by Andy SmithPosted on

Akishi Ueda’s surreal sculptures meld creatures and structures in unexpected ways. The artist pulls from both fantasy and science in building his clay creations. And around each corner of the piece comes a surprising bit of life, tucked inside the contours of his strange animals.

by Andy SmithPosted on

Russian painter Andrey Remnev pulls from both centuries-old approaches and current, graphical influences. Yet, the artist says, the material he uses are decidedly classical in nature: “As painters of the past, I use natural pigments bound with egg yolk.” Remnev was last featured on HiFructose.com here.

by Andy SmithPosted on

In Marc Burckhardt’s paintings, the artist’s work tethers classical influences to contemporary comic and pop art. In a recent show at Paul Roosen Contemporary, “Fault Lines,” his newer mythological explorations are shown. Burckhardt was last mentioned on HiFructose.com here.

by Andy SmithPosted on


Samuel Araya

Artist Chet Zar and collector-author Jeremy Wagner have co-curated “Conjoined Vs. Grotesque,” a group show celebrating “the Denizens of the Dark.” The show arrives Jan. 19 at Copro Gallery and runs through Feb. 16. Artists on the roster include Zar himself (who was last featured on HiFructose.com here), Kazuhiro Tsuji, Jay Weinberg, Shane Pierce, Louie Becker, Matt Dangler, Gene Ambo, Claudio Bergamin, Max Verehin, Vincent Villafranca, Dan Harms, Mark Rudolph, Miroslav Petro, Zack Dunn, Dominic Holmes, Carin Hazmat, Magnus Gjoen, Ronald Gonzalez, Bob Tyrrell, Rob Smits, Kevin Estrada, Wes Benscoter, Ed Repka, Dan Seagrave, Andreas Marschall, Scott Musgrove, Ryan Matthew Cohn, and others.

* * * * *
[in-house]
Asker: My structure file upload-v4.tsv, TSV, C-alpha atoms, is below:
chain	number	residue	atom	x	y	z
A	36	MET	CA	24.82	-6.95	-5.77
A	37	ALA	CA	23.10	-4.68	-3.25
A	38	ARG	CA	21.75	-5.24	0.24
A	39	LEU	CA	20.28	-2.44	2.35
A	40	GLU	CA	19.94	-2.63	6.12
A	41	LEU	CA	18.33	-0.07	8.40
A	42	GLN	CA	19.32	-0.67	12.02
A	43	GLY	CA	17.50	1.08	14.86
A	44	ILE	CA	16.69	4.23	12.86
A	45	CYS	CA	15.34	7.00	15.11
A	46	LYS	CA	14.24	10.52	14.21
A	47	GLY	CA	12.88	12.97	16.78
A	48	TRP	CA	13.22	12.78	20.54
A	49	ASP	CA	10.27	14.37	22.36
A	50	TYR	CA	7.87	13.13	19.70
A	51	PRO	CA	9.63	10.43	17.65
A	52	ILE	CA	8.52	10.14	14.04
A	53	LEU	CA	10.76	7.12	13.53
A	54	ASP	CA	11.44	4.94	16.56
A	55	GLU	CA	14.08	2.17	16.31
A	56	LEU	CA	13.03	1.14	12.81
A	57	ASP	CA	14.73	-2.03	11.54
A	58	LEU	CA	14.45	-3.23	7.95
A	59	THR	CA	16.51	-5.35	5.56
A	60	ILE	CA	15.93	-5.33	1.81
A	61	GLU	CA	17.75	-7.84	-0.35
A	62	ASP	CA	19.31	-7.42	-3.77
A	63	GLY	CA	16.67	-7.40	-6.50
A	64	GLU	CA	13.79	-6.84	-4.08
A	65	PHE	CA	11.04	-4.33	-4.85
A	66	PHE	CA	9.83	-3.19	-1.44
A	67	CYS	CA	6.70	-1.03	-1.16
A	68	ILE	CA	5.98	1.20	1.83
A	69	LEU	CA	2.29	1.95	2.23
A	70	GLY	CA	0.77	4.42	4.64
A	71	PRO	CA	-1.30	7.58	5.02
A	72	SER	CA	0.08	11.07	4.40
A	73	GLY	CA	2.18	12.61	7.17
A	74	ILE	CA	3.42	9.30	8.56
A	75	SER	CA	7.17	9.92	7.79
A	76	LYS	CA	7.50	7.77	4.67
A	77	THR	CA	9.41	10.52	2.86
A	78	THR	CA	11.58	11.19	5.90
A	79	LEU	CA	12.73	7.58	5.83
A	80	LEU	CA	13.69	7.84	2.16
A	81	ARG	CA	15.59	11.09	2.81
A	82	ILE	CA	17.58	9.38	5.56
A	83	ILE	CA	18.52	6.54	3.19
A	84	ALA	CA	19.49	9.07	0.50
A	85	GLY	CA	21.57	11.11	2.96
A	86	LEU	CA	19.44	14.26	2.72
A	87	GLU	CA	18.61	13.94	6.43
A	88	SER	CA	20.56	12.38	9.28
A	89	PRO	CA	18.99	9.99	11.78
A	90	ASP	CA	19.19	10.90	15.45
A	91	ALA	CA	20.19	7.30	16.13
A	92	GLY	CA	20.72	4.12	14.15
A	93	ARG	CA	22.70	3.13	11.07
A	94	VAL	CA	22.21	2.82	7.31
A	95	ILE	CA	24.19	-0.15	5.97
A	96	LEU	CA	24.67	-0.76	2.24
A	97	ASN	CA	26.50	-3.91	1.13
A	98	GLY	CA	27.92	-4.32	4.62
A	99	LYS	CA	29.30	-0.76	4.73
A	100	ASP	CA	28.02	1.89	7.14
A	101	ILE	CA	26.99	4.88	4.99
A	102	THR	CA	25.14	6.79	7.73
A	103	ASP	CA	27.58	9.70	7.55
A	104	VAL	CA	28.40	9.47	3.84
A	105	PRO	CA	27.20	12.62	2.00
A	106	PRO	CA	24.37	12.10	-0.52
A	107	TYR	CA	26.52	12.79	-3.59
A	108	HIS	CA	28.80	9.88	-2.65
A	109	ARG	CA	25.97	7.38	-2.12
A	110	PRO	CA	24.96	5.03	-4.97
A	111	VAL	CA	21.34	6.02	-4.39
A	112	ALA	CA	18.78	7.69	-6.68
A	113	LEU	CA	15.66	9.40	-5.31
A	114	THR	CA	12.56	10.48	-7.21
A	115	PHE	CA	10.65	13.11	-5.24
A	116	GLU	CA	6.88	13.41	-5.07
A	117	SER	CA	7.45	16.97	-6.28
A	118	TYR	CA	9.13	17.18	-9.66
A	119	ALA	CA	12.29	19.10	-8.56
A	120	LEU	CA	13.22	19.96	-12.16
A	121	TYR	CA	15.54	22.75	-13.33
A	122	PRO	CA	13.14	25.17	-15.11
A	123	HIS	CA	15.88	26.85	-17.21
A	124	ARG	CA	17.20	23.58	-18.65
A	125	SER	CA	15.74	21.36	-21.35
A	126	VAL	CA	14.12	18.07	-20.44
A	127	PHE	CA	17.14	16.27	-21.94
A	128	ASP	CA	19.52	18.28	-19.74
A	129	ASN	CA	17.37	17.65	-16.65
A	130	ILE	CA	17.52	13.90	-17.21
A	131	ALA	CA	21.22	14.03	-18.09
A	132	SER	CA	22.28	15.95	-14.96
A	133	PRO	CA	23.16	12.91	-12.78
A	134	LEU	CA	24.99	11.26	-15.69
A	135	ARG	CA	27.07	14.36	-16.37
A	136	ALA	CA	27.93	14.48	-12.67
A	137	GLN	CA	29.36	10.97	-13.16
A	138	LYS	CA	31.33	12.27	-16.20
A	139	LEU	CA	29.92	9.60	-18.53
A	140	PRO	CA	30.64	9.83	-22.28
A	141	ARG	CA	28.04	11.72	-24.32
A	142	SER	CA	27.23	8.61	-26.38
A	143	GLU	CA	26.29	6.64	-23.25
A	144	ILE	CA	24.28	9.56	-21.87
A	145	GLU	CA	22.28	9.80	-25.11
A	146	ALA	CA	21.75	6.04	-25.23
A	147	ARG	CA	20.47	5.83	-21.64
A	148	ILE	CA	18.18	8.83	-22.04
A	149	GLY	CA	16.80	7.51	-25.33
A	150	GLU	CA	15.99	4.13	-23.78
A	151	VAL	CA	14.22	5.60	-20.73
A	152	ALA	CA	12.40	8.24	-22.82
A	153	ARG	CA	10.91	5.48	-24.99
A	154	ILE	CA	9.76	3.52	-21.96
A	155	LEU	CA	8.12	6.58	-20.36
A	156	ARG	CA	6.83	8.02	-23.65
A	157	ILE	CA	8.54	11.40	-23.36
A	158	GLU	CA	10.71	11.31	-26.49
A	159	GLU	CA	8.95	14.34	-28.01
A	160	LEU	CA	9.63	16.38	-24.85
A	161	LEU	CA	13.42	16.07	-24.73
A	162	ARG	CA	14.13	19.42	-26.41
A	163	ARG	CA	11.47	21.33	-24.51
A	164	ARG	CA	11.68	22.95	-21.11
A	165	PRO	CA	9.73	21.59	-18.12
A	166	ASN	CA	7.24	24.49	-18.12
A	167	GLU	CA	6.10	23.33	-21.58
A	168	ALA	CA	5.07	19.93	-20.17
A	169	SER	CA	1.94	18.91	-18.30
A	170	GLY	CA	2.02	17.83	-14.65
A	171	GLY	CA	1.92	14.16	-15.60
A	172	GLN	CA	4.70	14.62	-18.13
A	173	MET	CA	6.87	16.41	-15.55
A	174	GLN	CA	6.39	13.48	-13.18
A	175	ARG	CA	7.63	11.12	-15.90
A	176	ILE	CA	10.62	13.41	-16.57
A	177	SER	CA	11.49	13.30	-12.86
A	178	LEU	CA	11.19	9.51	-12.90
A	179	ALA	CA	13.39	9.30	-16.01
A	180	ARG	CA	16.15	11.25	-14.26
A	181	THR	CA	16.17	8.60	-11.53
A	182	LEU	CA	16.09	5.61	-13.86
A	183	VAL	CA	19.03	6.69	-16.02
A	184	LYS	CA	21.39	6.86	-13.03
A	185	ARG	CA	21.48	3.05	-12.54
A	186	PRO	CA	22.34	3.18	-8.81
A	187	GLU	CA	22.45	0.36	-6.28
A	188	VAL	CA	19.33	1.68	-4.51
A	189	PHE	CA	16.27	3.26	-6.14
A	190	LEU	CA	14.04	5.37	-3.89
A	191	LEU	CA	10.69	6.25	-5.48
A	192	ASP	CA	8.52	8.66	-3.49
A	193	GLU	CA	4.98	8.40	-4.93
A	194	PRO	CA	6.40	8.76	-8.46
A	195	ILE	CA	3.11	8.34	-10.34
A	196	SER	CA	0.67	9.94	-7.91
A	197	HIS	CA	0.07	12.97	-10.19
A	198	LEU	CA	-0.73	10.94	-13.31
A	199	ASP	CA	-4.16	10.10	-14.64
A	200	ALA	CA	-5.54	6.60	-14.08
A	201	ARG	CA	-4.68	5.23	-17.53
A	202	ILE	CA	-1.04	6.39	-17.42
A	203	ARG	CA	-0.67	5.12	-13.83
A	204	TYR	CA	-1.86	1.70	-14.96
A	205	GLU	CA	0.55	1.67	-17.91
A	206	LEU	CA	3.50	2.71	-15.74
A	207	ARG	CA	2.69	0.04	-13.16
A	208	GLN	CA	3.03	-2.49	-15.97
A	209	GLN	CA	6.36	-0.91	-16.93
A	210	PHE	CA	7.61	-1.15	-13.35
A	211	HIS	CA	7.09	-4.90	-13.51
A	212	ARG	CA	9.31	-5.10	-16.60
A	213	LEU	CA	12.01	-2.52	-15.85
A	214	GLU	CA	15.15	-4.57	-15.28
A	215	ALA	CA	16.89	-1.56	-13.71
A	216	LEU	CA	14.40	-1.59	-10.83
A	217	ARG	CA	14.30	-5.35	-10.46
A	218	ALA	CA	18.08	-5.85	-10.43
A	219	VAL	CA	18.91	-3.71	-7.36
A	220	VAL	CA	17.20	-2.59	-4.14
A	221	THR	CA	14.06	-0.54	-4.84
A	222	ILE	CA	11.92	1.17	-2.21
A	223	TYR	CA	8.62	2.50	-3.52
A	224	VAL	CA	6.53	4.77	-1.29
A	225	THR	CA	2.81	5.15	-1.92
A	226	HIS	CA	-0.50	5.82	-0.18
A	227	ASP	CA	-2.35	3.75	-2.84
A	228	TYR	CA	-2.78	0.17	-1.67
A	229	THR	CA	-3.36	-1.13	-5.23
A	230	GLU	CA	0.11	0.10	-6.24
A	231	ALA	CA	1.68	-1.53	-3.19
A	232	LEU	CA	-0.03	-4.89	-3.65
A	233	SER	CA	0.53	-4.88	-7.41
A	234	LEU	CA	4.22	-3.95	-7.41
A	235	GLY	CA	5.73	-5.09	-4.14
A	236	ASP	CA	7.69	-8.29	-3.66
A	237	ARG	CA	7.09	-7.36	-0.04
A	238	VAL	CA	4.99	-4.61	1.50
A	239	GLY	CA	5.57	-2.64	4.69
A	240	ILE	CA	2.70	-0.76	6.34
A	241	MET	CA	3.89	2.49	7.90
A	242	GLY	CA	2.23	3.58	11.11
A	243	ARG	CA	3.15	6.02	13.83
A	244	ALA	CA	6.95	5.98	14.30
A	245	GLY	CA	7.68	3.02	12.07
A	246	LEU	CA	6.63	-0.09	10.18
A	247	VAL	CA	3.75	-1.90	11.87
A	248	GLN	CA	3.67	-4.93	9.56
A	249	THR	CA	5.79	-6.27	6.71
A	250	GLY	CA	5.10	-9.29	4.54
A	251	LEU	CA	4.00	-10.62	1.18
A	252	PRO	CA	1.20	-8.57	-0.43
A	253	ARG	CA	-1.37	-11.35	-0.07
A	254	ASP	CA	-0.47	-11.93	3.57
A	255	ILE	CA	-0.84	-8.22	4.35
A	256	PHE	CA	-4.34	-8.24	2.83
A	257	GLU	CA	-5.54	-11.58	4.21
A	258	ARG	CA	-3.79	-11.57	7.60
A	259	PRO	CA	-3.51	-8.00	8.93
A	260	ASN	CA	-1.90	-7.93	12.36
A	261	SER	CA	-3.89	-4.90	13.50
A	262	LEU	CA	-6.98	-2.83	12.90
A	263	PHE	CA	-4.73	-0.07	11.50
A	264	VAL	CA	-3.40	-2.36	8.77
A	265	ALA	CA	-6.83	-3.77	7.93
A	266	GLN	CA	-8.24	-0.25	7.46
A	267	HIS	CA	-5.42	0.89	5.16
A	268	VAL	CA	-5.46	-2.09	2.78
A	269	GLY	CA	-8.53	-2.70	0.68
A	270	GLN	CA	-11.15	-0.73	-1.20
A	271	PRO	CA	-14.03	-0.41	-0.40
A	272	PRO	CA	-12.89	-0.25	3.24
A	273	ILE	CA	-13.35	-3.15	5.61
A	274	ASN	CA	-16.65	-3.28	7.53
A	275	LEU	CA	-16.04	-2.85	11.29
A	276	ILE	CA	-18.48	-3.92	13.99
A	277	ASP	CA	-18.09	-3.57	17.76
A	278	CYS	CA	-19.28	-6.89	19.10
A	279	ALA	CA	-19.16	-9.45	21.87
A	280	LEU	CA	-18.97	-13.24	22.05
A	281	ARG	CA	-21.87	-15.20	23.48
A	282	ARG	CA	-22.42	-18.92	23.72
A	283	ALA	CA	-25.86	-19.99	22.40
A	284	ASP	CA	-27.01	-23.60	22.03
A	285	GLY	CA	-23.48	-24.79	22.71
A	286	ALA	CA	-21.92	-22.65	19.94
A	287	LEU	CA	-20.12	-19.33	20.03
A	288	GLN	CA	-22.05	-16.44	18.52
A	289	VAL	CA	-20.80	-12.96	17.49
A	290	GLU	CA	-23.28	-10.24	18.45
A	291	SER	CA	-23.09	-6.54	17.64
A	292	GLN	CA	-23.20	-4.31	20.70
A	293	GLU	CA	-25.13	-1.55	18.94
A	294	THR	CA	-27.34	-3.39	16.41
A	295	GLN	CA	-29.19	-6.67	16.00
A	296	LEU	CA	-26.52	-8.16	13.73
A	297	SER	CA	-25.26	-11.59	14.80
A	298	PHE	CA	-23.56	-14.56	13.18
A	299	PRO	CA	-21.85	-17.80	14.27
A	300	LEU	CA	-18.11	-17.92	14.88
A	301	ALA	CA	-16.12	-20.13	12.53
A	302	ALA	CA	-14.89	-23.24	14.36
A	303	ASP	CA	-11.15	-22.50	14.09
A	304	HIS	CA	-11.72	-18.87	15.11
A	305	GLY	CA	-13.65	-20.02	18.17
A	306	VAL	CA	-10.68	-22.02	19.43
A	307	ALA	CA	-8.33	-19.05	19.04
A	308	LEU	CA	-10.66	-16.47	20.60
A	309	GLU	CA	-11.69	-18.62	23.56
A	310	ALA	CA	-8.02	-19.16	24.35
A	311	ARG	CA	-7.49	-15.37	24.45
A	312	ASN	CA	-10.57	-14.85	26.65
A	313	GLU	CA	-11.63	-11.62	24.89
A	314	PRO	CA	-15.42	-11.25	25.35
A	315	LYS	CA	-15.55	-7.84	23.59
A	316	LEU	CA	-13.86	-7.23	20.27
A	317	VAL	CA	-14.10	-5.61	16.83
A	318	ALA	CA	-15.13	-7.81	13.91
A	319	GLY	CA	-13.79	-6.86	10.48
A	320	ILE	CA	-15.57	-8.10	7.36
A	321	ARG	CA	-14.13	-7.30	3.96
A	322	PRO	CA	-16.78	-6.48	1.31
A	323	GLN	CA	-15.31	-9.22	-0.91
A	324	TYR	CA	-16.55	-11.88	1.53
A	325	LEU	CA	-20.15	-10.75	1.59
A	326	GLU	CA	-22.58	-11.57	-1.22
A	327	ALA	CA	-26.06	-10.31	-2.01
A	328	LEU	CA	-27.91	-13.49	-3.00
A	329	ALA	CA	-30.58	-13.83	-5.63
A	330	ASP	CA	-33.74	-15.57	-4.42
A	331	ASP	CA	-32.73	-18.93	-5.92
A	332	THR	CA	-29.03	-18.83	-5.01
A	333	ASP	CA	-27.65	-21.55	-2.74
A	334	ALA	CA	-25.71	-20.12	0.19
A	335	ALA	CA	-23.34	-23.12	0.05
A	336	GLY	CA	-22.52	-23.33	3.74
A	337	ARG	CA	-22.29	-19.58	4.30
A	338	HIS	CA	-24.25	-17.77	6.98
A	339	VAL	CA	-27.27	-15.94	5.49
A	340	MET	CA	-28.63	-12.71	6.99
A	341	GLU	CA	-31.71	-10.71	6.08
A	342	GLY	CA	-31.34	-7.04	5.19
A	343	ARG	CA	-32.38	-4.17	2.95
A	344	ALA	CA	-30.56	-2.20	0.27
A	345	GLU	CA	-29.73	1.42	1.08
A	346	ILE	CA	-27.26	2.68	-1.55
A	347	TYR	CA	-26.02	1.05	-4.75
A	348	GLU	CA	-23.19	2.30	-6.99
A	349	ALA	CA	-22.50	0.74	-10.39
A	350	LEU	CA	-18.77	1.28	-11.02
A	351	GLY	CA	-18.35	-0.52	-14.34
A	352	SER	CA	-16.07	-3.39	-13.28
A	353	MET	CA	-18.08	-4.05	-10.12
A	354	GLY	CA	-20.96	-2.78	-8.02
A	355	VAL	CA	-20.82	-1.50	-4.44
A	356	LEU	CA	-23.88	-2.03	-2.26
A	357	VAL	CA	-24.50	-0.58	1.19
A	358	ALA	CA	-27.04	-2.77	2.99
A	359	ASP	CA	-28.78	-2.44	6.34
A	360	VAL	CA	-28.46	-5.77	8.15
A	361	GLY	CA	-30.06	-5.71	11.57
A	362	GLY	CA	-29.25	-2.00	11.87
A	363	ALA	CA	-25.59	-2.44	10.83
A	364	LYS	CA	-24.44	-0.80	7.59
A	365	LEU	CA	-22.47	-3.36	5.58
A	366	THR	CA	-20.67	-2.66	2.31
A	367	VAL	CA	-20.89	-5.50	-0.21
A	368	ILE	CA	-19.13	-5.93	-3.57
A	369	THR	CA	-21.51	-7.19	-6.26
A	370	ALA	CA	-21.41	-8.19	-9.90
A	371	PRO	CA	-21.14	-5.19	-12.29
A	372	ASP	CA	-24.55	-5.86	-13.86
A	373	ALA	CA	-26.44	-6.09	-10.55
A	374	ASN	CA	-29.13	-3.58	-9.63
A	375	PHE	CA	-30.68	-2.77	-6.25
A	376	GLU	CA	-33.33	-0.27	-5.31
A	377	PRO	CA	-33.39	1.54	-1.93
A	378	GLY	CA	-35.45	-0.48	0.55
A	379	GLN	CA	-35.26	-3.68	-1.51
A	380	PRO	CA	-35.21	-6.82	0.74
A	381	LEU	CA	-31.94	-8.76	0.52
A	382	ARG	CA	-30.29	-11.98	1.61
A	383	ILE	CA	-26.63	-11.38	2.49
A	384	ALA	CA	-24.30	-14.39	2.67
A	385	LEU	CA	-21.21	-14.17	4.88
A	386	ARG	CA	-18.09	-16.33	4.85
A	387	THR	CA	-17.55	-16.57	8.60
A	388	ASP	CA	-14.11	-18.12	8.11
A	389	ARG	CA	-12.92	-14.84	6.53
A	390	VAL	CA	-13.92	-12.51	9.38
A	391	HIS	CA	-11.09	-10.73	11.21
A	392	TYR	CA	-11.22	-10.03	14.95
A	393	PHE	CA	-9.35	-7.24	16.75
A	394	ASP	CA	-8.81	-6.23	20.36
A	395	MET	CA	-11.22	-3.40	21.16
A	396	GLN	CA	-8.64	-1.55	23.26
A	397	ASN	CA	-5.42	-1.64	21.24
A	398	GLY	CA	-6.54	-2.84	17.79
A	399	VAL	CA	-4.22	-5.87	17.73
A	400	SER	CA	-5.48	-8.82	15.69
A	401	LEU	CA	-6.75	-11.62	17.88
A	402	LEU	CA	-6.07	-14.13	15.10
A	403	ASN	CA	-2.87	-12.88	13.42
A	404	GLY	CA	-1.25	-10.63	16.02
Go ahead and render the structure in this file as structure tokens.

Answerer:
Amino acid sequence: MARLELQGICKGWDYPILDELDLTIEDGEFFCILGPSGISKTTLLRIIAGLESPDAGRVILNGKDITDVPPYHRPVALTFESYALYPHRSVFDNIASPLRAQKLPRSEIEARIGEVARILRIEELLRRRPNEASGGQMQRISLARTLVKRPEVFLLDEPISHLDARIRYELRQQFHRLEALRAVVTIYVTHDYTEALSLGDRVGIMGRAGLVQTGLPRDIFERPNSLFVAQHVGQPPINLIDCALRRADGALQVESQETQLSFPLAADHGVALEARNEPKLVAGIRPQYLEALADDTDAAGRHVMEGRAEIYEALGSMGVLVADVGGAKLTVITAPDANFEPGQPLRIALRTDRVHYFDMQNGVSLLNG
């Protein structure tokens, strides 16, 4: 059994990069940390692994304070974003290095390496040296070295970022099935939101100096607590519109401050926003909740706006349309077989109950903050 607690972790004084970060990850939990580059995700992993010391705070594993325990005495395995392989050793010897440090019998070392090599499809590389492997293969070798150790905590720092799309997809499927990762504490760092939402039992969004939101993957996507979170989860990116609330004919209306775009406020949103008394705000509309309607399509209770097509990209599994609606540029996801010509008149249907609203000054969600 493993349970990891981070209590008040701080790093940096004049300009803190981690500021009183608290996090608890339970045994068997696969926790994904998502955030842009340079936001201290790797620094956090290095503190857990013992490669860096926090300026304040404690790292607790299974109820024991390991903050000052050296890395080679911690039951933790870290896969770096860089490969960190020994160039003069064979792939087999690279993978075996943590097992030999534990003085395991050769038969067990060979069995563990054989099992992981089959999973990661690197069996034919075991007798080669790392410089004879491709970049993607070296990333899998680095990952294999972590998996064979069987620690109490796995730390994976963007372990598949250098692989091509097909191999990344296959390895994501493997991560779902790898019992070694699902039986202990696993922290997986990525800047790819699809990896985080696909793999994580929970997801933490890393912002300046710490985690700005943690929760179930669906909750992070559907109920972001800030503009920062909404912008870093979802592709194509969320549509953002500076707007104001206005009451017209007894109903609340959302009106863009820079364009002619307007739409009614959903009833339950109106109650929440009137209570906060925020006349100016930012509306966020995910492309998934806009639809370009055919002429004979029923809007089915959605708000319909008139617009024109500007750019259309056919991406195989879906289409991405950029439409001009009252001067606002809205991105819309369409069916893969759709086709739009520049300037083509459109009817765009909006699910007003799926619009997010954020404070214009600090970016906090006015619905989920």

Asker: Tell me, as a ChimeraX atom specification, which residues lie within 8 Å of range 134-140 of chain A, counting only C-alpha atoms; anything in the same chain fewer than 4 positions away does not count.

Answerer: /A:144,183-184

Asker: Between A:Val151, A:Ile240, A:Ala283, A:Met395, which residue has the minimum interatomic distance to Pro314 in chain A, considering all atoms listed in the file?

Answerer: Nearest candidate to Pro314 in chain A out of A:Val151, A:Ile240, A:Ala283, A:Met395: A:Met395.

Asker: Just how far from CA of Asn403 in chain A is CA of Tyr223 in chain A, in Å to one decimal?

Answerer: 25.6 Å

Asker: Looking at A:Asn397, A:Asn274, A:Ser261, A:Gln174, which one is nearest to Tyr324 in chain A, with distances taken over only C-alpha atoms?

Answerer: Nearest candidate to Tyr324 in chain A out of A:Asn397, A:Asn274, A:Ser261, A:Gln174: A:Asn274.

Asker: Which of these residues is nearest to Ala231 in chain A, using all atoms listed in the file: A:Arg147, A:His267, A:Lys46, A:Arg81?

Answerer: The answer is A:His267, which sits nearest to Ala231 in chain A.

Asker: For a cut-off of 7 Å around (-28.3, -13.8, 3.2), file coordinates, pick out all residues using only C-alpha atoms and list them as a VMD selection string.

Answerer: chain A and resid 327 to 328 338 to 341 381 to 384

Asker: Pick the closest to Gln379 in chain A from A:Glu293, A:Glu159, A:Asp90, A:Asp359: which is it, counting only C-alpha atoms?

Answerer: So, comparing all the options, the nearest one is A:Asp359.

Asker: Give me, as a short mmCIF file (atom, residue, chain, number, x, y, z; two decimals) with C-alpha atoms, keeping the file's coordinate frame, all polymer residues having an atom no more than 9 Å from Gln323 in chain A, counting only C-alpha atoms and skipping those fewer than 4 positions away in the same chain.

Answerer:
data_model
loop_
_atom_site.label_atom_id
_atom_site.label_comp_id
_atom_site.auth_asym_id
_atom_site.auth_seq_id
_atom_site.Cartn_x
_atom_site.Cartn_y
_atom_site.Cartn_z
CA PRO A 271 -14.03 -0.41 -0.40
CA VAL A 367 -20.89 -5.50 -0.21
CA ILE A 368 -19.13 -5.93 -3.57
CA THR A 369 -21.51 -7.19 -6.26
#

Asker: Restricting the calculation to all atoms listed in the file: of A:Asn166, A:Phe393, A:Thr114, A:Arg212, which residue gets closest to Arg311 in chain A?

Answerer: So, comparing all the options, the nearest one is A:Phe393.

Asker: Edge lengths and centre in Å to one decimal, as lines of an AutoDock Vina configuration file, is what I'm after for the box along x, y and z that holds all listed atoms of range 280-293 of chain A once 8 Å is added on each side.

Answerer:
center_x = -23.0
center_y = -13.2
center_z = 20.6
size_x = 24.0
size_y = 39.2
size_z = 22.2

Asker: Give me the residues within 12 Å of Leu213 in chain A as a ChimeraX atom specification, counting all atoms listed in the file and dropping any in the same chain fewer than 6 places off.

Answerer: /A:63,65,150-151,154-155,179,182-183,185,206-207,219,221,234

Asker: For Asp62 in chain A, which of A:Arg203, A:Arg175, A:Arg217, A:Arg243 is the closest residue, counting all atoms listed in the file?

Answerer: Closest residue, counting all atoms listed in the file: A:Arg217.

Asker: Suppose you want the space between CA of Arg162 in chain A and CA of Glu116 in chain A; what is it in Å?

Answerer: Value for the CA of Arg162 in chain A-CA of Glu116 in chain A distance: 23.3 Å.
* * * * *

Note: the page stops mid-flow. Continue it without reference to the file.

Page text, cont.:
by Andy SmithPosted on


Ferguson

In the upcoming “Charcuterie and Cheez” at La Luz De Jesus, the gallery brings together four artists who complement each other in unexpected ways. Ashley Bevington, Michelle Bickford, Don Pablo Pedro, and Ian Ferguson comprise the roster for the group show. Below, see examples of work from each of the participants.

by Andy SmithPosted on

In Michael Tole‘s paintings, such as “Diana and Actaeon: Backwards and in Stiletto Boots,” the painter recasts mythological scenes through a contemporary lens. In this effort, Tole touches on gender and other cultural issues. The artist says that wardrobe pieces in the above painting are taken from the 2018 Moschino spring/summer line.